Utility regulators partner in PG&E bankruptcy

By Karen Gaudette, The Associated Press
Wednesday June 26, 2002

SAN FRANCISCO — California energy regulators hope partnering with global investment banking and capital markets giant UBS Warburg will boost support on Wall Street for their plan to lift the state’s largest utility from bankruptcy. 

The partnership, announced Tuesday during a news conference, would become official if U.S. Bankruptcy Judge Dennis Montali approves the state’s request that Pacific Gas and Electric Co. pay UBS’ fees — $3 million upon Montali’s approval and roughly $5 million more if the firm arranges and obtains the state’s financing. 

“It’s a major endorsement by one of the most important financial institutions in the world and we hope that Wall Street will view it as an important development,” said Alan Kornberg, an attorney representing the state Public Utilities Commission in the bankruptcy. 

Gary Cohen, general counsel for the PUC, said the state chose to work with UBS Warburg because of its “stellar” reputation, its size and its “extensive experience in the utilities sector and in the state of California.” 

Calls to PG&E for comment Tuesday were not immediately returned.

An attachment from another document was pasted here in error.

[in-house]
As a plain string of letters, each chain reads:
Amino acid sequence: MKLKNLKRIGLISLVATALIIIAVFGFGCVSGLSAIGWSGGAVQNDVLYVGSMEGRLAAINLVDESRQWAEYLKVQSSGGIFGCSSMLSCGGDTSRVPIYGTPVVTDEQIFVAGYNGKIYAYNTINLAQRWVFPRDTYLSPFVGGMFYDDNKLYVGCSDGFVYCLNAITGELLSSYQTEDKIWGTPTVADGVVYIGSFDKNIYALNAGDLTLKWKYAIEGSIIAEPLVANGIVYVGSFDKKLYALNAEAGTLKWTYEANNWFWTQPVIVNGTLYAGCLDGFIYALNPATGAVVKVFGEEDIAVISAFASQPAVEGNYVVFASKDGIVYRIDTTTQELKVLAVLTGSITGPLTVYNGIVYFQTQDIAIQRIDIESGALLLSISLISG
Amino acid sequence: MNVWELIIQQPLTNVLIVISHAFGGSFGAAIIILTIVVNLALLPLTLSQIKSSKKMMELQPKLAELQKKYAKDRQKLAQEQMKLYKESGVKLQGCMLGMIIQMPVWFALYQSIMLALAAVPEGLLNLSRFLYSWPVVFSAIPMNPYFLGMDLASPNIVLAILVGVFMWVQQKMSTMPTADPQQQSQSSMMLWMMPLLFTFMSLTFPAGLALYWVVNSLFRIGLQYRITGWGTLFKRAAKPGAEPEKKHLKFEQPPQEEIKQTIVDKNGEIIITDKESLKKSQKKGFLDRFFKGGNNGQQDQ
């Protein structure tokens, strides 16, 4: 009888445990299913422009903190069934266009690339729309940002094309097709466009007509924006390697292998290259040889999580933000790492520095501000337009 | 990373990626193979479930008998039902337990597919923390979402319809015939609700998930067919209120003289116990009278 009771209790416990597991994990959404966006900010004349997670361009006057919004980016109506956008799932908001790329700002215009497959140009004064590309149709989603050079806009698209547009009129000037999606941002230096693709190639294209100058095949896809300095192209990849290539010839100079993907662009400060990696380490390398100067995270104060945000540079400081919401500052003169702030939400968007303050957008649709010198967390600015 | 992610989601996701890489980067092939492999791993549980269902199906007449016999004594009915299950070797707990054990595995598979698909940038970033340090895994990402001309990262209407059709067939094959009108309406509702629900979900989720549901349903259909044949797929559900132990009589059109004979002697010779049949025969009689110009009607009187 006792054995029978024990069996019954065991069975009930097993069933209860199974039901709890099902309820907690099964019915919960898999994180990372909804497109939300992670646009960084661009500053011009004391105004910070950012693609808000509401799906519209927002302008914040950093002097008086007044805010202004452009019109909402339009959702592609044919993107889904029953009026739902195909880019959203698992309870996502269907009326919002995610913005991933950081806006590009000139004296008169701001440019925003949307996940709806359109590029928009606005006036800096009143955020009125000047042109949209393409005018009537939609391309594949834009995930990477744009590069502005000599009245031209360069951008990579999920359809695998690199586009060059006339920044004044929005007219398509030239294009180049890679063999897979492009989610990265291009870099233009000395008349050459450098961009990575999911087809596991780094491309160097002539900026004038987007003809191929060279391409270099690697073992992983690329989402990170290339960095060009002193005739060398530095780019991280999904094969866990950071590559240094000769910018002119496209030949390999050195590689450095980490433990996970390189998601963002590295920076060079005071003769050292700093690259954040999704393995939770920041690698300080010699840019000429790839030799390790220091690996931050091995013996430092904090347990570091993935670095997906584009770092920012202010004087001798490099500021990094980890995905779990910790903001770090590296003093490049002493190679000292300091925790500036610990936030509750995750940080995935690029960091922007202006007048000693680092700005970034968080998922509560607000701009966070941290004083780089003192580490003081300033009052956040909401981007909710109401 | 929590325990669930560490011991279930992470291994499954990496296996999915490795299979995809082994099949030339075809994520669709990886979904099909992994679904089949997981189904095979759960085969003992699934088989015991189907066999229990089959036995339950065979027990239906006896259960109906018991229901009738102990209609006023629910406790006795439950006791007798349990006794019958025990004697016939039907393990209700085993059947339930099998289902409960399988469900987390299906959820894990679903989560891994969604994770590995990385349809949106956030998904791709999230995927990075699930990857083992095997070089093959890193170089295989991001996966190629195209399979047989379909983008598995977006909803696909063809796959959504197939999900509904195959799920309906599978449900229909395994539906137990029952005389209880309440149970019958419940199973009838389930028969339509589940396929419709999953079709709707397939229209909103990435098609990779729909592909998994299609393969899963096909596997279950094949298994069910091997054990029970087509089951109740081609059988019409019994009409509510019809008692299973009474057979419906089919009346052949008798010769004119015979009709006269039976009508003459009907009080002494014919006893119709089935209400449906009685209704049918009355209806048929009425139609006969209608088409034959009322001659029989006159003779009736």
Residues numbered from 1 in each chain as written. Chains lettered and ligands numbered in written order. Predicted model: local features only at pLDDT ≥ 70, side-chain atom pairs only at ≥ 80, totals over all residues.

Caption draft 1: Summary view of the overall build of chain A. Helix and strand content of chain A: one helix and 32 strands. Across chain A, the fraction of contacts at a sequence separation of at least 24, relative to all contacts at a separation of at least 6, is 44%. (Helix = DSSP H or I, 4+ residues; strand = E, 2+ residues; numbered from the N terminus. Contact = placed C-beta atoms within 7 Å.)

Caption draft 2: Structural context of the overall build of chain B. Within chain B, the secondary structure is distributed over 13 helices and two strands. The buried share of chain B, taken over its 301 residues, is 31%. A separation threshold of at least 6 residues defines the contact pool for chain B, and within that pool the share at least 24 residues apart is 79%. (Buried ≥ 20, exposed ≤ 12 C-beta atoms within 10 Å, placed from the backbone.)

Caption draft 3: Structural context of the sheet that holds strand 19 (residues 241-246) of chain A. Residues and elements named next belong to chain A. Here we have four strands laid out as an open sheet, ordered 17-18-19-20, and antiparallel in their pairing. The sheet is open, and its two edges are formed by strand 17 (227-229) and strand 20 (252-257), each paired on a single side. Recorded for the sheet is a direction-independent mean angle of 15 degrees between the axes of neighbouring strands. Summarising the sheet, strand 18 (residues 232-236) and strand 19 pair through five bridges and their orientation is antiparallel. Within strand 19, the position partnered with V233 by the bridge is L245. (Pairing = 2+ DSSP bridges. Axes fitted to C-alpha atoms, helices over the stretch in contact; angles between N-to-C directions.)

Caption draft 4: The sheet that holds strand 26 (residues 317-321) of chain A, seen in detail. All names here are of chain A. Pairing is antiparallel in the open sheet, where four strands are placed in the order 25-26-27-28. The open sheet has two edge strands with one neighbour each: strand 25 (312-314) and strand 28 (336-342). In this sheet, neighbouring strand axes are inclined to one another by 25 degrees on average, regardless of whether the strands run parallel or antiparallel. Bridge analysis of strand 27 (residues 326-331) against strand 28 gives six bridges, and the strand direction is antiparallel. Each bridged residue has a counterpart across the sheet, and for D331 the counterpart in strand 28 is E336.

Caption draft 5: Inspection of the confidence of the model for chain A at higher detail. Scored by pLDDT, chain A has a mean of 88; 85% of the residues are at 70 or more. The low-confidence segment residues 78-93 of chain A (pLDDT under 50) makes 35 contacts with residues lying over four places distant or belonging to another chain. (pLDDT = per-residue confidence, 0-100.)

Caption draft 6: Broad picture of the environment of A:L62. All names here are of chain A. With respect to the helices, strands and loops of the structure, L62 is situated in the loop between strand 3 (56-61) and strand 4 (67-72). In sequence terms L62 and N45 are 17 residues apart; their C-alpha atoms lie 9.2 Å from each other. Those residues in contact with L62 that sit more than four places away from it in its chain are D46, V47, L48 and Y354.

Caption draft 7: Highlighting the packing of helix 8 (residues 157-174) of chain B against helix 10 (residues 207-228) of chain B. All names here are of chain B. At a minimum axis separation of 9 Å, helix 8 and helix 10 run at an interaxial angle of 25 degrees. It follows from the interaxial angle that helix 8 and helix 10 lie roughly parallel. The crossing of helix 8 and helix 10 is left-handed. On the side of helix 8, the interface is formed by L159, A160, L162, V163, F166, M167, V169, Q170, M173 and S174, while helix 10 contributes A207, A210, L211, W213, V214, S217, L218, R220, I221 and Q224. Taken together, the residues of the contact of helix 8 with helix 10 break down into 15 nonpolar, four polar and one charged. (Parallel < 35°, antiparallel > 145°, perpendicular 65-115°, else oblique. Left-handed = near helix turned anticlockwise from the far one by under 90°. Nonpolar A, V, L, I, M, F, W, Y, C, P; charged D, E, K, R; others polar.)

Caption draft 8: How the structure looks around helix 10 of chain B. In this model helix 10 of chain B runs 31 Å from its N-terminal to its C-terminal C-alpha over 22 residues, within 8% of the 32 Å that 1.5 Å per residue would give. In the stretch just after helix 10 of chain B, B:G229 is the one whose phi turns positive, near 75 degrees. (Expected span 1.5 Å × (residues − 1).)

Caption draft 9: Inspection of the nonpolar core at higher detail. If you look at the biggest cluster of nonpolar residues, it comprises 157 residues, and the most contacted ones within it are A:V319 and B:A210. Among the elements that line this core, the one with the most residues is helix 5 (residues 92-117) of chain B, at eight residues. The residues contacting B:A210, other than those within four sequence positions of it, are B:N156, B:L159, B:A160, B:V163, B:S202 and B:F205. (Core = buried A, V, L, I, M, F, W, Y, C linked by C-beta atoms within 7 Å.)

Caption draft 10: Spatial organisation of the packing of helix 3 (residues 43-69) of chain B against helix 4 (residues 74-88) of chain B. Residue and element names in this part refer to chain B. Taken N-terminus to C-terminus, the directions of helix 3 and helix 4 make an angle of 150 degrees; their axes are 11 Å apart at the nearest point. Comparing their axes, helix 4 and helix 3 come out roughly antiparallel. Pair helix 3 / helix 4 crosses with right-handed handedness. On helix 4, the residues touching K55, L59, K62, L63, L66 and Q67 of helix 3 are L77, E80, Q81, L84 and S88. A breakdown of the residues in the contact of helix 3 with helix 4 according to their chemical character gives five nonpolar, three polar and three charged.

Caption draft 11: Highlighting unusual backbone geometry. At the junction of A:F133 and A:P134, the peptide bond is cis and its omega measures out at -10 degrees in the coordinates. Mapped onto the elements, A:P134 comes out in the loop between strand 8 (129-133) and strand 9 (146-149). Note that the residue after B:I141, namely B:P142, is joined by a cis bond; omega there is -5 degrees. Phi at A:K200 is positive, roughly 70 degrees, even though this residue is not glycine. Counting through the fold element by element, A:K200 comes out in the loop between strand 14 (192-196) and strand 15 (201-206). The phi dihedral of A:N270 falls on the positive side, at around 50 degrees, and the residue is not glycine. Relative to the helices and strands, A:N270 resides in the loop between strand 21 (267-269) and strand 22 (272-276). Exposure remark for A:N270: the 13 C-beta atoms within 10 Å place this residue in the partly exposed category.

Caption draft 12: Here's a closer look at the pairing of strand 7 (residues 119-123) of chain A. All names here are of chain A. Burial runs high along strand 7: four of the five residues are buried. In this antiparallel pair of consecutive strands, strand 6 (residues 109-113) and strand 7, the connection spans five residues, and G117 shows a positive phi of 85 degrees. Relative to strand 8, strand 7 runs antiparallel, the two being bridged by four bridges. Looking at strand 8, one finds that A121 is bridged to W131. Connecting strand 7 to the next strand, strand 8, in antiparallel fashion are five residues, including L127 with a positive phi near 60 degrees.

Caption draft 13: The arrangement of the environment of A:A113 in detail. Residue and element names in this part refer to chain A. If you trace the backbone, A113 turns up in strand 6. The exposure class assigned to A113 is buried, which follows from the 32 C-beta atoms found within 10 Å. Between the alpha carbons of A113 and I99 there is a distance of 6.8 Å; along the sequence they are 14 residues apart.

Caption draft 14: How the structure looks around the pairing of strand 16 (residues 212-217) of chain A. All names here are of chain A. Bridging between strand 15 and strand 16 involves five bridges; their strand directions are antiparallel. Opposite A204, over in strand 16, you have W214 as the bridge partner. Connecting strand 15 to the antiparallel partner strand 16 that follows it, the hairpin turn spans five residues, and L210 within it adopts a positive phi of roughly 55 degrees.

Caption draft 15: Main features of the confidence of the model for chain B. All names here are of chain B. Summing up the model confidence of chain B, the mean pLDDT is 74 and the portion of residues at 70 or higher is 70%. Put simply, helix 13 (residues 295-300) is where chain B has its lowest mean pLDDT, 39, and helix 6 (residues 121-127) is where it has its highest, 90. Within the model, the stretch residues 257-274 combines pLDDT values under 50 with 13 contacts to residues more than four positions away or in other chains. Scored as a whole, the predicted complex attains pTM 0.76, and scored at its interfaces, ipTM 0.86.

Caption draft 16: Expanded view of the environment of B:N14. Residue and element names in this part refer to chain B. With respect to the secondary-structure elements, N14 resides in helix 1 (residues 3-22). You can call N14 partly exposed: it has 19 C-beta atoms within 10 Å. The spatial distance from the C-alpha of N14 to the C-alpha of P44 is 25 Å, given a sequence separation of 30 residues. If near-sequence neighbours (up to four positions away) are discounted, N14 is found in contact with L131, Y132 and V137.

The announcement comes at a critical point in PG&E’s 14-month-old bankruptcy, born of the power crisis that brought rolling blackouts to California households and businesses in 2001. PG&E’s creditors are reviewing the two reorganization plans and must support or reject them by mid-August to help Montali determine which, if any, offers the best means by which they’ll be paid. 

The utility hopes to regain its good credit by transferring transmission lines, power plants and other assets away from state oversight and into three new companies that would be regulated by the federal government. Analysts say that would allow PG&E to borrow more money to pay its debts, since it would escape state control over how much it can charge for electricity. 

The state’s plan calls for the utility’s 4.6 million ratepayers to pay billions, PG&E to sell common stock and its parent — PG&E Corp. — to forego a huge chunk of profits. Both swear the other’s plan is fatally flawed. 

While credit-rating agency Standard and Poor’s has pledged to grant PG&E creditworthiness should Montali confirm its reorganization plan, the PUC’s plan has received a lukewarm response. But Ken Crews, vice chairman of UBS Warburg, said financial support for PG&E’s plan may erode because the utility hopes to split itself into separate trading, distribution and generation divisions at a time when many power companies are moving toward combining operations.